OnabotulinumtoxinA is a promising therapeutic alternative for patients that have failed anticholinergic treatment. There is a need for more supporting evidence from well-conducted, head-to-head comparisons of onabotulinumtoxinA and other therapies evaluating outcomes and adverse effects over both the short and long term.

Acknowledgments

The authors wish to acknowledge Dr Sam Brown (YHEC), Ms Danielle Varley (YHEC), Andrew Messali (Allergan) and Rick Morton (Allergan) for additional project assistance and input, Dr Ann Yellowlees (Quantics) for contributions to the statistical analysis and review of the manuscript, Zsolt Hepp (Allergan) for assistance with editing of the manuscript, and Dr Maria G Cikalo for medical writing assistance with the manuscript.

References

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Footnotes

  • Contributors KK, CL, JG and RM were involved in the inception and design of the study. MA performed the literature searches. MA, RM and Sam Brown were involved in study identification and data acquisition. RM, KF and QN performed the statistical analysis. KK, CL, JG, RM, MA, KF, QN, NF and DAG critically reviewed the manuscript for intellectual content and revised the draft.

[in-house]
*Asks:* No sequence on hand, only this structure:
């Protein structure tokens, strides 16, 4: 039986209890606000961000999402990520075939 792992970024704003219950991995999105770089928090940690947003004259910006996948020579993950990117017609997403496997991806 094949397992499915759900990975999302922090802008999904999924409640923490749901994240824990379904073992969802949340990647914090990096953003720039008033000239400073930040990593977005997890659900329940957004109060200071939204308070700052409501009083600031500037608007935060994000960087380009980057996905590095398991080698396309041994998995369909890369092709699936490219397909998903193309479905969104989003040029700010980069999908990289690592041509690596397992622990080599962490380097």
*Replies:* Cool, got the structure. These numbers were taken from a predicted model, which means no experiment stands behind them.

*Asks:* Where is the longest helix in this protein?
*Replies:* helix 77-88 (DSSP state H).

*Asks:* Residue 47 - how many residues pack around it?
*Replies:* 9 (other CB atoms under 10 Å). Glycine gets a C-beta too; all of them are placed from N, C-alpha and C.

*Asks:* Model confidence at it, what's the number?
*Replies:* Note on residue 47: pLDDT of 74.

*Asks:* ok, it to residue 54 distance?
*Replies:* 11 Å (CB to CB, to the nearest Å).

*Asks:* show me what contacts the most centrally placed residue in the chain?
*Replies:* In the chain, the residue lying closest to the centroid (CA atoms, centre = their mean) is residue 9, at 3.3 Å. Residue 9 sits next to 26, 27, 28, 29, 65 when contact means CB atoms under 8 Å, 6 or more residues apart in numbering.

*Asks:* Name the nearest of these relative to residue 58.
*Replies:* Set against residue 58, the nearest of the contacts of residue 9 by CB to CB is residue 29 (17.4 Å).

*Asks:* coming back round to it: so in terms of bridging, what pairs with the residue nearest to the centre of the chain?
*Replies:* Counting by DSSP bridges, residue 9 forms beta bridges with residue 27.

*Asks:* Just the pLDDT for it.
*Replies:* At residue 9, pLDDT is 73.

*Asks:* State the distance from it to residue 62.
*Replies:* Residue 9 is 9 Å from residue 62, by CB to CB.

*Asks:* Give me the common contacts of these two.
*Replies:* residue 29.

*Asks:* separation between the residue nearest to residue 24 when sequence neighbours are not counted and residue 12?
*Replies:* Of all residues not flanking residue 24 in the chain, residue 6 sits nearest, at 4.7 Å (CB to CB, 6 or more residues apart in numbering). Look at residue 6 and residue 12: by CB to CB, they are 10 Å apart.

• Funding This research and subsequent manuscript generation was funded by Allergan.

  • Competing interests NF has received funding for research and consulting from Allergan and Ipsen Pharma, both of whom manufacture Botulinum toxin for various indications. DAG is a consultant for Allergan and investigator for Astellas. YHEC (RM, MA, JG) and Quantics (KF) received funding to carry out the review and indirect treatment comparison from Allergan. CL is an employee of Allergan Holdings Ltd. QN and KK have no competing interests to declare.

  • Provenance and peer review Not commissioned; externally peer reviewed.

  • Data sharing statement Additional supplementary methodology and data for the analysis are available online. The search strategies for data sources other than MEDLINE and Embase are available on request.